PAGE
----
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Press release

How hands learn to grasp again

A special training method reactivates movement patterns lost after a serious neural injury

Being able to pick up things again, to walk again, that is what victims of serious hand or leg injuries wish for most. Nerve damage has interrupted the connection to the brain and the use of these limbs has become impaired. Surgery can reconstruct neural pathways but the movements previously carried out have been "forgotten". However, with a new therapeutic method they can be reactivated.

"Surgical excellence is not the only thing that matters in the quest to give patients back the ability to use their limbs," explains University Professor Dr. Hanno Millesi of the Wiener Privatklinik: "We repair neural defects caused by accidents or injuries via nerve transplantation. But despite successful surgery some patients are not able to move their arms the way they used to or cannot carry out particular hand movements." This indicates that the affected muscles cannot be controlled arbitrarily. This can lead to flaccid paralysis. Changes at the location of the injury are not the only result: structural changes also take place in the brain; the related brain areas gradually change their function and structure.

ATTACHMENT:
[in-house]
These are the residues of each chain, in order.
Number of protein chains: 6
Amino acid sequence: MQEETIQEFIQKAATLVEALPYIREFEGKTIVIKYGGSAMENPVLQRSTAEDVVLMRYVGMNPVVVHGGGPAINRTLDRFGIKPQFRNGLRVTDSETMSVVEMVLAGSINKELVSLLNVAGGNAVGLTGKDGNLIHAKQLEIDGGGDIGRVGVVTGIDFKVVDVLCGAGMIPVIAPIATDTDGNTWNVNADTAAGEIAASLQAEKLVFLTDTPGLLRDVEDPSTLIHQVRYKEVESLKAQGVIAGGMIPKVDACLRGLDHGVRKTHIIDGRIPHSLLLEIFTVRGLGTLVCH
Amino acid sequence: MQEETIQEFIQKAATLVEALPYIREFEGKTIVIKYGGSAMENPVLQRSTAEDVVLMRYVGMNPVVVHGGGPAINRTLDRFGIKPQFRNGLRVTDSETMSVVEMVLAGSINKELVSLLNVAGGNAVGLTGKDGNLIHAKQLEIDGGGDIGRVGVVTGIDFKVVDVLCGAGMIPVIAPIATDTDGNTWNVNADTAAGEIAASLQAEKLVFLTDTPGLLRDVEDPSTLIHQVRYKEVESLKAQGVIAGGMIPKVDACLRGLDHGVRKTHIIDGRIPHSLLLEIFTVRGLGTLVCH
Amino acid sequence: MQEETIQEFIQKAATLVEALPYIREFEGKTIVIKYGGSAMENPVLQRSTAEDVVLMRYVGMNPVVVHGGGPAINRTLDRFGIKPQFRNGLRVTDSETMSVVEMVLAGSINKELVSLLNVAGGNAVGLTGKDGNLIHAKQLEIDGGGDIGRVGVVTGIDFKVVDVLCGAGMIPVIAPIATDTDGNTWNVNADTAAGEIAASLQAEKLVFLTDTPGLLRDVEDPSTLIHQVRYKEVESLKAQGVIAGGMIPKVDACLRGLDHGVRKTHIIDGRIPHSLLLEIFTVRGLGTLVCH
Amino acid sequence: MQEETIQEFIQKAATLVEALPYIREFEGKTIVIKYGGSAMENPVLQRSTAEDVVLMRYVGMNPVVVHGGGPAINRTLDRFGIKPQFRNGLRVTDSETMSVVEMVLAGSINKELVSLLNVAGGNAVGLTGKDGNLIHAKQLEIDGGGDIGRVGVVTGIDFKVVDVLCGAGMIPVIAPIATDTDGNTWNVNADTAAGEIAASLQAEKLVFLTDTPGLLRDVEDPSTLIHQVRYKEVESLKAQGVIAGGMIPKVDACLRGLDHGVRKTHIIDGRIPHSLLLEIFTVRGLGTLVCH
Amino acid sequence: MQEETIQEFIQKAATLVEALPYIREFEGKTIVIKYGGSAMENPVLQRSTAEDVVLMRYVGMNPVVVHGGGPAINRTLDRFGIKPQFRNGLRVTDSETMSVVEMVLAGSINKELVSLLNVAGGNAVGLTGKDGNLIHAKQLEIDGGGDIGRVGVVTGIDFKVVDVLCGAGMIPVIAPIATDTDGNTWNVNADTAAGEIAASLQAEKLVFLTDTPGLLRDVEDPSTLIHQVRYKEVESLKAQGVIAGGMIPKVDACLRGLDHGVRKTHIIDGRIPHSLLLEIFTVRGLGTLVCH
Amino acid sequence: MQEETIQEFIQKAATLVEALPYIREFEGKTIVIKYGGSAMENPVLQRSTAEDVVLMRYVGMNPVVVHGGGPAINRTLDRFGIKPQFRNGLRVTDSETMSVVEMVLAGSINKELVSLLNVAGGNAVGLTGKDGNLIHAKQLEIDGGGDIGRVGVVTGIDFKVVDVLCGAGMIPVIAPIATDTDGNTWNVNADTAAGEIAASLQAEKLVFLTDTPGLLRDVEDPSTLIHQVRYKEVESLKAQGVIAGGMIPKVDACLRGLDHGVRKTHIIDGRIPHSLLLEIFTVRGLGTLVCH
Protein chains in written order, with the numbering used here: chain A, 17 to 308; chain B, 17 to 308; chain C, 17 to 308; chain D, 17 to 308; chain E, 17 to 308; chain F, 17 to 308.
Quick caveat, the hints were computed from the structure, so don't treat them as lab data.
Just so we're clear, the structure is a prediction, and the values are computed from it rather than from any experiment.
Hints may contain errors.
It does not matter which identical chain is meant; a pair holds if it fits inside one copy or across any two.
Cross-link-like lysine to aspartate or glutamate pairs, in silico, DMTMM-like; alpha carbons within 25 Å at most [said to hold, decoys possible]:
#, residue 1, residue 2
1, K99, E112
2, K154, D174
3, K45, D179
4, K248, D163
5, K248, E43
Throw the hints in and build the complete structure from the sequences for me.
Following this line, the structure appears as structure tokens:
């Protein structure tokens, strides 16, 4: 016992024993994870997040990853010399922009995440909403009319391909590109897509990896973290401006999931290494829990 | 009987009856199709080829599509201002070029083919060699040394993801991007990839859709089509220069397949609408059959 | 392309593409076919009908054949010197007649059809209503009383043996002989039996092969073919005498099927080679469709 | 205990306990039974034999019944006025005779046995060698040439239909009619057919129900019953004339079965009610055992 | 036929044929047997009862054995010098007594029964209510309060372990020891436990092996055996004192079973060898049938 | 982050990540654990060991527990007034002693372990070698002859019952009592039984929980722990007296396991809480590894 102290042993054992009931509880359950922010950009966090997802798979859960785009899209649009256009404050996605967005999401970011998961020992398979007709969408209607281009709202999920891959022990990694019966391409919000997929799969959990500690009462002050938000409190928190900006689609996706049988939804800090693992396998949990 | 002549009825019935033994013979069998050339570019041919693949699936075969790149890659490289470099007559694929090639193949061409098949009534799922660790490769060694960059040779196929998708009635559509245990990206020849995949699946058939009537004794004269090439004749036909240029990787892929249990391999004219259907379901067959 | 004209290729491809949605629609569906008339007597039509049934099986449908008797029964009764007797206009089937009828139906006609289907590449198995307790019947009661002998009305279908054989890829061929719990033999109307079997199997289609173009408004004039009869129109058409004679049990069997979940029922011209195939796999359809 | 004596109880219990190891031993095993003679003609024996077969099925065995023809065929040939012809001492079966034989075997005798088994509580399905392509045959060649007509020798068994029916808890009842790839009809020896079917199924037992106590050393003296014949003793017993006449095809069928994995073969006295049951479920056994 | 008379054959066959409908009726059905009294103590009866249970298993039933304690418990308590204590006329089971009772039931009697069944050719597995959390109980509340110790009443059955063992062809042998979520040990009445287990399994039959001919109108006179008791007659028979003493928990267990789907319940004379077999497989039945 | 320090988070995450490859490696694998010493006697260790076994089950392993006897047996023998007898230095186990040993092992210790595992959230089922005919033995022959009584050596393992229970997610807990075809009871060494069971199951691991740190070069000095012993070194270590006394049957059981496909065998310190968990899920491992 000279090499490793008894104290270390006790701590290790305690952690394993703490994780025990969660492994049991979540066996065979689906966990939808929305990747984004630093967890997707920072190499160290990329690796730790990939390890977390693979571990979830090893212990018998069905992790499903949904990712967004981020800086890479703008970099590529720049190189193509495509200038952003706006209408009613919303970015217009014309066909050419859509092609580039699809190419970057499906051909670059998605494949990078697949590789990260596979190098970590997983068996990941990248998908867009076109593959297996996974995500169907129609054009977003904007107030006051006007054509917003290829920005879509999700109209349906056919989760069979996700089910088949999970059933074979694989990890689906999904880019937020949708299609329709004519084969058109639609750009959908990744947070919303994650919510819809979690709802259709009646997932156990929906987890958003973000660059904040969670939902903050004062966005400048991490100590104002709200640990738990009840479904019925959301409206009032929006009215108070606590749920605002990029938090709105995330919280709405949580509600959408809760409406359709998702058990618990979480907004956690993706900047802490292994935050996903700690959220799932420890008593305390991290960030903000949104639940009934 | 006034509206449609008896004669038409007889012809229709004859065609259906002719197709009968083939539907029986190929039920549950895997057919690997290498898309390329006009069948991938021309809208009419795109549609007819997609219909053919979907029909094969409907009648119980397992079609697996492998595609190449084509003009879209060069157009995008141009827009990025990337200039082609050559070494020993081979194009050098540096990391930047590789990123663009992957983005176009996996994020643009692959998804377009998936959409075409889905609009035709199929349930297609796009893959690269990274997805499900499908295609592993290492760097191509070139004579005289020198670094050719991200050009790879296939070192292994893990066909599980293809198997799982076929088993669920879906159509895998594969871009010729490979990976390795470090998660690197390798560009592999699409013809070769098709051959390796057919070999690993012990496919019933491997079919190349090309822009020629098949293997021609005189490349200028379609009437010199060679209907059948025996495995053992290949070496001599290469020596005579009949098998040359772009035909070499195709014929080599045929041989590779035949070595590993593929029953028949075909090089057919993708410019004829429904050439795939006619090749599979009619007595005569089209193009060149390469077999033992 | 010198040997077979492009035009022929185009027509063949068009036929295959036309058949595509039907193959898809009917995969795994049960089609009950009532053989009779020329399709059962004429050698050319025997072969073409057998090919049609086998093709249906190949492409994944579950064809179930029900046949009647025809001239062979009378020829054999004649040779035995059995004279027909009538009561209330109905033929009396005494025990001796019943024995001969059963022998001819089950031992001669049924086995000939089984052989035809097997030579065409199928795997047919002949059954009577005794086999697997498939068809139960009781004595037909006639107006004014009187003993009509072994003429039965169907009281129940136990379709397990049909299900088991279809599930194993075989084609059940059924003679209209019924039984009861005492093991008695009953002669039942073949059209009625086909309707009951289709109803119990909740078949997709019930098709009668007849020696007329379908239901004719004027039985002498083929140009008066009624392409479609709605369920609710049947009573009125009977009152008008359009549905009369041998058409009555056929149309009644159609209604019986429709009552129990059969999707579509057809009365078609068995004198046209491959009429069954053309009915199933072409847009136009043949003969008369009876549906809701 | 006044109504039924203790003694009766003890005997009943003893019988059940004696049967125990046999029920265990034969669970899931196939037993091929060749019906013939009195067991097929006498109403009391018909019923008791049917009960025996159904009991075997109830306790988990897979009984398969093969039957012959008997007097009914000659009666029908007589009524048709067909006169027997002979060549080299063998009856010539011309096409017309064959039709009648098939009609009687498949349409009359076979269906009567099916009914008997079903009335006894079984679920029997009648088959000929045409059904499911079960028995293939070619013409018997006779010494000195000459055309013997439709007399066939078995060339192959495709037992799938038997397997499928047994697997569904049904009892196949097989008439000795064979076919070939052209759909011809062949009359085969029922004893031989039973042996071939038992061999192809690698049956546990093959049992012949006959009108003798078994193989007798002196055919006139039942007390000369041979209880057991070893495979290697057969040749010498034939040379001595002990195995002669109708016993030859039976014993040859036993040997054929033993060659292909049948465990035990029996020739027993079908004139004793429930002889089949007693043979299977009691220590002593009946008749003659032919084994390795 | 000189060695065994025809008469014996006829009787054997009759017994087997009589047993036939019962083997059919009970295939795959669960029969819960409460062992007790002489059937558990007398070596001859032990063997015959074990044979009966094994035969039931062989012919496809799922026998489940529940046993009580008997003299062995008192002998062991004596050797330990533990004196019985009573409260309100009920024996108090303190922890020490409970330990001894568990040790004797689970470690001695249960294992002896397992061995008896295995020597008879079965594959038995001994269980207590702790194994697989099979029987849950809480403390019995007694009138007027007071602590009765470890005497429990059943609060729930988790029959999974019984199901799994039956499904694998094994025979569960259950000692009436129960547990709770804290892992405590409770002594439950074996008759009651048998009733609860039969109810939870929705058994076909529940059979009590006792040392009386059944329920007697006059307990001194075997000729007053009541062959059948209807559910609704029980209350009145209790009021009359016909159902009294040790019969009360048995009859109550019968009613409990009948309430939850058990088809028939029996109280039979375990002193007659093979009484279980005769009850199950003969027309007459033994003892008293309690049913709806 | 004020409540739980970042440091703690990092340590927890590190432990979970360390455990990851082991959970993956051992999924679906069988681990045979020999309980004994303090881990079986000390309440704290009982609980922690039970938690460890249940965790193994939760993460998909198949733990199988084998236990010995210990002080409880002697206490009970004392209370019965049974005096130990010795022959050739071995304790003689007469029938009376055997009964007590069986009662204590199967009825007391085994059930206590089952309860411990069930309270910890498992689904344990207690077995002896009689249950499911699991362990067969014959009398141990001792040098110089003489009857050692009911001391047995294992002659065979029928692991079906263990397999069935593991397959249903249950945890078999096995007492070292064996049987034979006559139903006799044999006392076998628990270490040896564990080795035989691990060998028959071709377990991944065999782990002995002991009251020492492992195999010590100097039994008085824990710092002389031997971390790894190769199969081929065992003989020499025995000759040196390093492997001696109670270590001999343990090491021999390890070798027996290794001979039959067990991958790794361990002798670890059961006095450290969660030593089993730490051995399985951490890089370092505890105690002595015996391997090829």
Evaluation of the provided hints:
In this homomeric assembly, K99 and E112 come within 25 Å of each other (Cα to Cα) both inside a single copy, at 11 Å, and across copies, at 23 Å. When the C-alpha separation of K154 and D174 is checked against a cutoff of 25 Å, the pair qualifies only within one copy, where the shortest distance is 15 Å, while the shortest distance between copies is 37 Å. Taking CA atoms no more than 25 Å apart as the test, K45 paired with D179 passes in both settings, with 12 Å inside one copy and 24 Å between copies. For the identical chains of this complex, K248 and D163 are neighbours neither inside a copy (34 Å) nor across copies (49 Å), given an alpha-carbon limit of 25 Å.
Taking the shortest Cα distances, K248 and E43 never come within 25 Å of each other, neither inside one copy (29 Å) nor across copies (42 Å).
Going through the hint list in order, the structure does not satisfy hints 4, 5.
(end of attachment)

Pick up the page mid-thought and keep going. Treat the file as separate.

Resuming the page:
Prof. Millesi explains further: "The brain, stimulation transfer of nerves in all regions, muscles and the organ itself form one unit, and therefore need to be treated as such, if the aim is therapeutic success."

New visual research methods have shown that there is a strong connection between motoric abilities and the movement patterns stored in the motor memory. If a trauma disrupts the smooth functioning of the nerves, the brain will also begin to store movement patterns acquired after the injury (for example through long periods of immobilisation or certain relieving postures etc.). The result is a blockage of the system, and the patient loses the ability to use his hand to pick up things.

The so-called intention-triggered Myofeedback (IMF) approach helps patients to reactivate original movement patterns. Although memory of these patterns might have faded with time it is still stored somewhere in the long-term memory of the brain. It has only been superimposed by pathological patterns acquired after the injury.

This therapeutic method is based on three aspects – the power of the patient’s thoughts, the sensation of impulses, and repetitive exercise. First of all sensors are attached to the patient's limb, for example to the appropriate muscle areas of a paralysed hand. The patient then has to use willpower and imagine the movement he used to be able to carry out. The Myofeedback device even picks up very weak neural activity in the paralysed muscles, amplifies it and returns it in form of a muscle stimulation. Regular repetition improves the patient's physical sensation. After receiving training at the clinic patients are advised to exercise four times a day for half an hour, using the portable device, until they have regained arbitrary movement in the affected limb.

And this is even possible if patients have been living with their disability for several years. Prof. Millesi states that: "8 out 10 patients, who started with the therapy an average of 7 years after the neural damage, experienced significant improvements as early as 8 or 9 weeks later."

Source: Kronenzeitung Vienna from 1 April 2006 (Medizin aktuell, Eva Rohrer)